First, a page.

The Legislature passed AB 2449 with near unanimity and the Governor is expected to sign the bill into law shortly to allow board members to participate remotely without disclosing their location even when not in a state of emergency.
Beginning January 1, 2023, AB 2449 will permit individual board members to participate in their public agencies’ in-person board meetings by videoconference without disclosing their remote locations if certain conditions are met:
(1) During the meeting, at least a quorum of the board members must participate from a single physical location within the agency’s jurisdiction, that location must be clearly identified on the meeting agenda, and it must be open to the public.
(2) The board must provide at least one of these means for members of the public to remotely observe and address the board:
a. A two-way audiovisual platform, or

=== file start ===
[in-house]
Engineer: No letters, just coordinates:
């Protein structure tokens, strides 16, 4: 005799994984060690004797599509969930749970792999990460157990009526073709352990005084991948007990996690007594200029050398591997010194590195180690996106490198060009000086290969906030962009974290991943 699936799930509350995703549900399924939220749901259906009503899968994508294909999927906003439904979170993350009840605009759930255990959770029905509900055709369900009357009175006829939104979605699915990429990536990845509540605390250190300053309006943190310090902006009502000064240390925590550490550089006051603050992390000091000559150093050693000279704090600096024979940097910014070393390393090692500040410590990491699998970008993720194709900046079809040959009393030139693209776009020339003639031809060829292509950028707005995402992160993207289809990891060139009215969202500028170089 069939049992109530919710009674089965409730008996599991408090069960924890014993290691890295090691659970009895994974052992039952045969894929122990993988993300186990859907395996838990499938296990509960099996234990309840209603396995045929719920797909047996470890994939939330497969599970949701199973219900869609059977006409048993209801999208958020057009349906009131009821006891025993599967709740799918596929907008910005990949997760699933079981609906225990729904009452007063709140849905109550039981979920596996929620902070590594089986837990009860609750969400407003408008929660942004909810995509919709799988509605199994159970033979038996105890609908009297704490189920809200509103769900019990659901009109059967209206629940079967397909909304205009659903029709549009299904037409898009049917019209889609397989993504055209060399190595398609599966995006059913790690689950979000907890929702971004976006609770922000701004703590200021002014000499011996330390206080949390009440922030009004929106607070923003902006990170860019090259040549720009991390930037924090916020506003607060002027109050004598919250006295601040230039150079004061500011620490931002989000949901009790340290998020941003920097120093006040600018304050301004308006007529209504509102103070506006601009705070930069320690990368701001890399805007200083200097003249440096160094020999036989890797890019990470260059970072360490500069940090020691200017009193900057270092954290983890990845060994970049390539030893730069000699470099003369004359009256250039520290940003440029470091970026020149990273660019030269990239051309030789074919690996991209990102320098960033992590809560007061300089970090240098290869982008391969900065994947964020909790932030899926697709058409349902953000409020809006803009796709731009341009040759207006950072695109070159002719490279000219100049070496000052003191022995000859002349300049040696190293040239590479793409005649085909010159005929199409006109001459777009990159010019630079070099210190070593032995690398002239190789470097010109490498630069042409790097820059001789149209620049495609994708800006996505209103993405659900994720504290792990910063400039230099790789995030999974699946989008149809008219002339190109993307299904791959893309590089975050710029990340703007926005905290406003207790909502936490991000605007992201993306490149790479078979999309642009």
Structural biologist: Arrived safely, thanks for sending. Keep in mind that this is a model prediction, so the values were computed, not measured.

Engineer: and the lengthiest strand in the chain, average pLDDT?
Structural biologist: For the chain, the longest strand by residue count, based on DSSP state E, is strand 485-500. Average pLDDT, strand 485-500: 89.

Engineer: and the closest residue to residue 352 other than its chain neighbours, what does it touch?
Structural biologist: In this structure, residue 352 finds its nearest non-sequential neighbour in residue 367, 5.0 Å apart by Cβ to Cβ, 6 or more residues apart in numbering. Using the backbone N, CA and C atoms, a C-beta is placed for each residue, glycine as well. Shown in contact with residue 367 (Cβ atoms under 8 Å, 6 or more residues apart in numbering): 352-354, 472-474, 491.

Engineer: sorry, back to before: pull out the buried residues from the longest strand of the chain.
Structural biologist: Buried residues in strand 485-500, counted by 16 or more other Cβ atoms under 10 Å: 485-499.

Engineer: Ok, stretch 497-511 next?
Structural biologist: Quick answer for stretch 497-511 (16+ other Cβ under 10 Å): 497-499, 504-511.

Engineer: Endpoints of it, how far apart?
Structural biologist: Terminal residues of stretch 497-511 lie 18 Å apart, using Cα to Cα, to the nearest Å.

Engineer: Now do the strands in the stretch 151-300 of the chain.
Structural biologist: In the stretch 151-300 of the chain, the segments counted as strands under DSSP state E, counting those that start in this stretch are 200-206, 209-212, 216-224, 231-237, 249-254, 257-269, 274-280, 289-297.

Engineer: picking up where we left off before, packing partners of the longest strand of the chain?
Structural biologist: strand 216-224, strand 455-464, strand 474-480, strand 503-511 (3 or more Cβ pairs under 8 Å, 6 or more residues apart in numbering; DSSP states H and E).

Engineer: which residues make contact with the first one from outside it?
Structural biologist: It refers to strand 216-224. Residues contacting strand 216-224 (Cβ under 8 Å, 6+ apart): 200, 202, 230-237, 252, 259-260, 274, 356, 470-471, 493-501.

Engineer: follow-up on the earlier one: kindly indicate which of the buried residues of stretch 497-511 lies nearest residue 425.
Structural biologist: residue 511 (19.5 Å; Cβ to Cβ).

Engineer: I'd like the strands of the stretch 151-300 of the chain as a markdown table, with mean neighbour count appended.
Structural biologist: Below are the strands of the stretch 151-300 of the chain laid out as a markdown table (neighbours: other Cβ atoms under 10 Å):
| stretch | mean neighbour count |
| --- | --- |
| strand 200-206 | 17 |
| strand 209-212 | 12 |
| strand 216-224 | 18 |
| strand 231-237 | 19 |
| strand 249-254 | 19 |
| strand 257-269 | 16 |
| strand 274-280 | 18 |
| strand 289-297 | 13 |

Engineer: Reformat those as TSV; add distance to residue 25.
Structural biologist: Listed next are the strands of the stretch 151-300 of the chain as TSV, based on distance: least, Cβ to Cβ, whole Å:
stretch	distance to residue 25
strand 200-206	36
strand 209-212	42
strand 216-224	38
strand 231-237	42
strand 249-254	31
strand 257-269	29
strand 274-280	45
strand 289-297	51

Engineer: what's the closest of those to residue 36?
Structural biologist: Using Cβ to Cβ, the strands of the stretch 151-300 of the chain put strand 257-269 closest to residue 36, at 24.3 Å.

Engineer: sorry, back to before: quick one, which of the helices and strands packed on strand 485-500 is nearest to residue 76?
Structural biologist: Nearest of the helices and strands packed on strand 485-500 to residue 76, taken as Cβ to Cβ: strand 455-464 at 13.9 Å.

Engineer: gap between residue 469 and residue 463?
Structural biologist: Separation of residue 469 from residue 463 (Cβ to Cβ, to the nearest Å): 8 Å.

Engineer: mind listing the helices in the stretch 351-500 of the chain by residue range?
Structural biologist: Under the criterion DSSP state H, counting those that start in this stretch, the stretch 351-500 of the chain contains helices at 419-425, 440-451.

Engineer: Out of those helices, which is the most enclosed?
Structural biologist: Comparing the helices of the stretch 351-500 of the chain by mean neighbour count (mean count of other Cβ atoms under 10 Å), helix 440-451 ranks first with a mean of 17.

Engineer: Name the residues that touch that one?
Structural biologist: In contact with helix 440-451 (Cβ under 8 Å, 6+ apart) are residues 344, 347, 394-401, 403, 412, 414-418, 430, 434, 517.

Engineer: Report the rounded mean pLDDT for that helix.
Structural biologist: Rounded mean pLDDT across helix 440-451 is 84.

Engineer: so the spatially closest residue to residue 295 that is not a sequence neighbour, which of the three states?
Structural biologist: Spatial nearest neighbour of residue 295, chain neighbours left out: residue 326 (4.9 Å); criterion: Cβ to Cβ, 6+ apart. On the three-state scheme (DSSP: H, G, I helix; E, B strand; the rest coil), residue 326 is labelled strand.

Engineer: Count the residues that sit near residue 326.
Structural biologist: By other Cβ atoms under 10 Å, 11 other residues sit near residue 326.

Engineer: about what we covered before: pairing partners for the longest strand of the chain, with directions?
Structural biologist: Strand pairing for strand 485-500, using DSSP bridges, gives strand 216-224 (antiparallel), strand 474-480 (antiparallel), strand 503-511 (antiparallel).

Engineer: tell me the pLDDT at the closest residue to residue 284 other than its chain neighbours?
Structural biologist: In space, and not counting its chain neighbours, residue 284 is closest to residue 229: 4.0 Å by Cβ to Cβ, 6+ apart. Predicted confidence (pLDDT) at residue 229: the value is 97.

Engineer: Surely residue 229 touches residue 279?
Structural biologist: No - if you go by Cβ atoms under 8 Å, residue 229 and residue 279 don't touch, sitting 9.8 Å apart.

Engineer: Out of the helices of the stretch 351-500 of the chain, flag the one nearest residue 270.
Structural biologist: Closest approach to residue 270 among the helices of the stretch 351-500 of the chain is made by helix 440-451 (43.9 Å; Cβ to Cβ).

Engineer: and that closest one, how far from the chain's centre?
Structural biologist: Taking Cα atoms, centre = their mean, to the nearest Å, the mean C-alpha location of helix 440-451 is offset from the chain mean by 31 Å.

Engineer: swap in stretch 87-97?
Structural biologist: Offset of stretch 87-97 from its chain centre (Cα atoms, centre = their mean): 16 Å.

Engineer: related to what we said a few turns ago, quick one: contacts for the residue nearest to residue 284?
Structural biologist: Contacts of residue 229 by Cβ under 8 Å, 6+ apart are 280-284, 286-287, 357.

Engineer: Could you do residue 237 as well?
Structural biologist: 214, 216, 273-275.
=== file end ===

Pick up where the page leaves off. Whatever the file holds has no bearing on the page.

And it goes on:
b. A two-way telephonic service and a live webcast of the meeting.
(3) The meeting agenda must provide clear notice of the ways that members of the public may physically or remotely participate in the meeting and offer public comment.
(4) The meeting agenda must identify and include an opportunity for all persons to attend and address the board directly via a call-in option, via an internet-based service option, and at the in-person location of the meeting.
(5) If the meeting’s broadcast is disrupted, the board cannot take any further action until the broadcast is restored.
(6) The board cannot require public comments to be submitted in advance of the meeting and must provide an opportunity for the public to address the board and offer comment in real time.